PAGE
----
The Browns got to Trucks in the first inning. He gave up a double to leadoff hitter Don Gutteridge, who then scored on a single by the next hitter, Lou Finney. That run looked like it was going to be big. The Tigers finally threatened in the fifth after two were out and nobody on. Trucks walked, then Skeeter Webb and Eddie Mayo singled to tie the game.

Roy Cullenbine’s quick thinking helped give the Tigers the lead in the sixth. He walked, and Rudy York hit a foul pop up behind the plate. When Browns catcher Frank Mancuso went back to the screen to catch it, Cullenbine tagged up. He caught the Browns by surprise. He slid in safely, putting the potential go ahead run at second base with two out. The Browns then walked Jimmy Outlaw to bring up Paul Richards. Richards lined a single to center, scoring Cullenbine, and giving the Tigers a 2-1 lead.

In the bottom of the sixth, Trucks got into a jam, so manager Steve O’Neill pulled him in favor of Hall of Famer Hal Newhouser. With the bases and one out, Newhouser got a strike out on a 3-2 pitch to Mark Christman, then a fly out to end the inning. Newhouser gave up back-to-back hits to lead off the seventh, tying the game at two. With two out in the eighth and one on, Browns first baseman George McQuinn smoked one off the wall in right to give St. Louis a 3-2 lead. It didn’t look good.

The Tigers trailed with just three outs left, but of course, they weren’t done. Hubby Walker led off the ninth, pinch hitting for Newhouser. He singled, giving the Tigers some life. Webb was the next hitter, he laid down a sacrifice bunt. The Browns infield acted quickly to try to get a force at second, but Walker slid in safely through the mud, putting two on with nobody out. Red Borom went in to run for Walker. Mayo then laid down a bunt, giving himself up to put runners at second and third with one out. Potter then walked Doc Cramer intentionally to load the bases for Greenberg. Hank was a great player, but he wasn’t very fast, at all. Walking Cramer set up the possibility of a game-ending double play.

Potter started him off with a ball and a strike. The next pitch was a high fastball, and Greenberg jumped all over it. He crushed it on a line to left field, clearing the 351-foot sign, and landing in the bleachers for a grand slam. Borom, Webb, and Cramer all scored ahead of him. By the time Greenberg reached home plate, the entire Tigers team was there to mob him. “We knew it was a home run right away from the time it left the bat,” Trucks says. “There was no ‘get outta here’ or pushing it out. The whole bench just went wild. It was a big relief.” Hanks big bat had given the Tigers a 6-3 lead.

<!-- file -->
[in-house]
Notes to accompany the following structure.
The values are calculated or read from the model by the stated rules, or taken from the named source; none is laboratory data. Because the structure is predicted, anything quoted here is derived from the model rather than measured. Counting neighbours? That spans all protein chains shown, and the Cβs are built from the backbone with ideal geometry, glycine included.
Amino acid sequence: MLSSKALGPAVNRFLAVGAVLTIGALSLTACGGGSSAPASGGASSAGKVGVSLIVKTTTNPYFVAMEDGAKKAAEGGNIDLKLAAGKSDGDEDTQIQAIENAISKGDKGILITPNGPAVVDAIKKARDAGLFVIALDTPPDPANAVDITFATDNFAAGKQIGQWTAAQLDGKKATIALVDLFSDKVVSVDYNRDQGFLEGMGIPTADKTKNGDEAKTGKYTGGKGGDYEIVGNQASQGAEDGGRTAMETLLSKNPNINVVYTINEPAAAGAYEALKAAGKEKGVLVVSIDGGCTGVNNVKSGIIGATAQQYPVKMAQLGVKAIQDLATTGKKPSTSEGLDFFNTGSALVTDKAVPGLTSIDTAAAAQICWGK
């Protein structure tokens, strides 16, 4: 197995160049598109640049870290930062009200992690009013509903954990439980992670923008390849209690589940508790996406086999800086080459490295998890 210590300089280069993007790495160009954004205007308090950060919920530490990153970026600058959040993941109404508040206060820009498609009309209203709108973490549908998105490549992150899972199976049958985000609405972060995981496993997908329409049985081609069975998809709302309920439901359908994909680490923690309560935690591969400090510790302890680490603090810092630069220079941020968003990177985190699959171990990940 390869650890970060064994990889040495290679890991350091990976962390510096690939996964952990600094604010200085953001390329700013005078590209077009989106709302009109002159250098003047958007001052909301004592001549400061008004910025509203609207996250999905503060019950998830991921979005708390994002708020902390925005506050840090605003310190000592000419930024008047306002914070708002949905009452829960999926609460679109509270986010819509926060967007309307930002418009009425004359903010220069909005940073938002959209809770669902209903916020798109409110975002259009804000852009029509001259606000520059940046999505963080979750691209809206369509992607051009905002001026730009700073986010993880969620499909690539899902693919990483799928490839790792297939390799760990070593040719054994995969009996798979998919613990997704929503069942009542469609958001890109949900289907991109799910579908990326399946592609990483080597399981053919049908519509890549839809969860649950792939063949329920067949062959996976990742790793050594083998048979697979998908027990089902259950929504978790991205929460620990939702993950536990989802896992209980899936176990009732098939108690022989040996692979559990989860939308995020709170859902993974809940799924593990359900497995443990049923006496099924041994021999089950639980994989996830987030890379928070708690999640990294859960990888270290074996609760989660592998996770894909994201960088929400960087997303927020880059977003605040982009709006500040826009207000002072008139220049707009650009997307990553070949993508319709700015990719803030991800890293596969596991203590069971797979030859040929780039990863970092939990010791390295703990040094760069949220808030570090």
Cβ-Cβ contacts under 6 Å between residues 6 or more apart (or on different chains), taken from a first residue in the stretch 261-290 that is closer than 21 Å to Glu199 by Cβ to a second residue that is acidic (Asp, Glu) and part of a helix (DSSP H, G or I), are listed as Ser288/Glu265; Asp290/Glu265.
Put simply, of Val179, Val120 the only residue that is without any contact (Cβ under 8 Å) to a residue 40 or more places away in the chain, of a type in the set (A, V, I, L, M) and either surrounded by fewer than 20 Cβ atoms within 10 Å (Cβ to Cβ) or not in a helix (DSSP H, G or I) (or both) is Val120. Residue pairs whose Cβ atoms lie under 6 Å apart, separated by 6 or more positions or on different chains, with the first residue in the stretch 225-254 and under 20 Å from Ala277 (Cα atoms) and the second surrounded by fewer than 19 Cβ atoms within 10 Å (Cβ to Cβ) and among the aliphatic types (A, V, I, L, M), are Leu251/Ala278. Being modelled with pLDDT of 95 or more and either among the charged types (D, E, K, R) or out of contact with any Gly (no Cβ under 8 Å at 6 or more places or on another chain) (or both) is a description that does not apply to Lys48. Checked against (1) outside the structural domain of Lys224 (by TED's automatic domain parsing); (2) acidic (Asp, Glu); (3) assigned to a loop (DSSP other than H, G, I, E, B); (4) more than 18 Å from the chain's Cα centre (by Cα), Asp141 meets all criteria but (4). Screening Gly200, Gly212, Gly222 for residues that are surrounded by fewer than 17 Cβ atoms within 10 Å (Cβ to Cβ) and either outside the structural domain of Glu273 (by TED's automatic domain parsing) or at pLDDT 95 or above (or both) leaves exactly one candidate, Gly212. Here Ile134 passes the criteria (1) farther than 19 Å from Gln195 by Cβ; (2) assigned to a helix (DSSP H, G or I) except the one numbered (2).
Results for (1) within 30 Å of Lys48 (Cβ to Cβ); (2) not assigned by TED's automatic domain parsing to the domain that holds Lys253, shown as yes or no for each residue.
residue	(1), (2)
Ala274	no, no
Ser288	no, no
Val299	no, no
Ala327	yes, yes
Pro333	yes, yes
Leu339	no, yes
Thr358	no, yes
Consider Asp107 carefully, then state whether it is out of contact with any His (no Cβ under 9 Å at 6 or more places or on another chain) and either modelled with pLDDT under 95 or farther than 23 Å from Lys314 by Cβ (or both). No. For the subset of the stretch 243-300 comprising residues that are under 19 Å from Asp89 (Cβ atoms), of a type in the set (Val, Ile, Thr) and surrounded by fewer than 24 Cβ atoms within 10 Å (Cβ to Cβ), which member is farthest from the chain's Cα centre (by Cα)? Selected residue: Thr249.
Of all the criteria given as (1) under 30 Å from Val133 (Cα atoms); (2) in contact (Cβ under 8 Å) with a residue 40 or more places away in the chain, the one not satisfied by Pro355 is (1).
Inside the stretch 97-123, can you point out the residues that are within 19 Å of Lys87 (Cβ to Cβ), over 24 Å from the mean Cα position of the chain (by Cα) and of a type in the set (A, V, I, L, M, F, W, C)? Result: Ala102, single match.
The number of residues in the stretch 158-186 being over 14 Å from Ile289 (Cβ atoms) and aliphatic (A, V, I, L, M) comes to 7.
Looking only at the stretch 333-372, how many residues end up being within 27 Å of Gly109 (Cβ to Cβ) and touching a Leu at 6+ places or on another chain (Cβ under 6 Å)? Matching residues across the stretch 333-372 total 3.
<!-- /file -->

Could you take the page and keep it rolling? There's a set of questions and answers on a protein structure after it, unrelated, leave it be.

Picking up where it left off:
Al Benton came in to pitch the ninth inning, and set down the Browns to end the game. The Tigers had won the pennant. The rain then picked up, and the second game was canceled. They didn’t need to play it anyway. The season was over. Final score: Tigers 6, Browns 3.

Greenberg, the war hero, had once again delivered on the ball field. The greatest slugger in Tigers history hits the biggest home run in the team’s history. Without a doubt, Hank’s home run stands the test of time.

This is an excerpt from The Perfect Season: How the Detroit Tigers Go 162-0 and Sweep Their Way to a World Series Championship! Used by permission of the author. You can buy the book here.

The Perfect Season: How the Detroit Tigers Go 162-0 and Sweep Their Way to a World Series Championship!

By Matt Wentworth

Foreword by Dan Dickerson

For this book, I researched every win in the history of the Detroit Tigers franchise, from 1901-2007. From this research, I put together the greatest season’s worth of games in team history. So I start with the greatest opening day ever, then the greatest second game ever, and so on, until they go 162-0 and sweep their way to a World Series championship.

To properly tell the story, and the significance of the games, I tried to put the fan back into the stadium, to feel like they were witnessing the history unfold before them. I used the newspaper accounts from microfilm at the Detroit Public Library. I also interviewed many people to gain this perspective. I talked with Ernie Harwell, George Kell, Virgil Trucks, Frank Lary, as well as a fan who actually witnessed Babe Ruth play at Navin Field. All of these people have since passed away.

If you love Tiger baseball, you’ll love this book.

The 1945 Tigers

Listen to Burge Carmon Smith talk about the Tigers’ triumphant 1945 season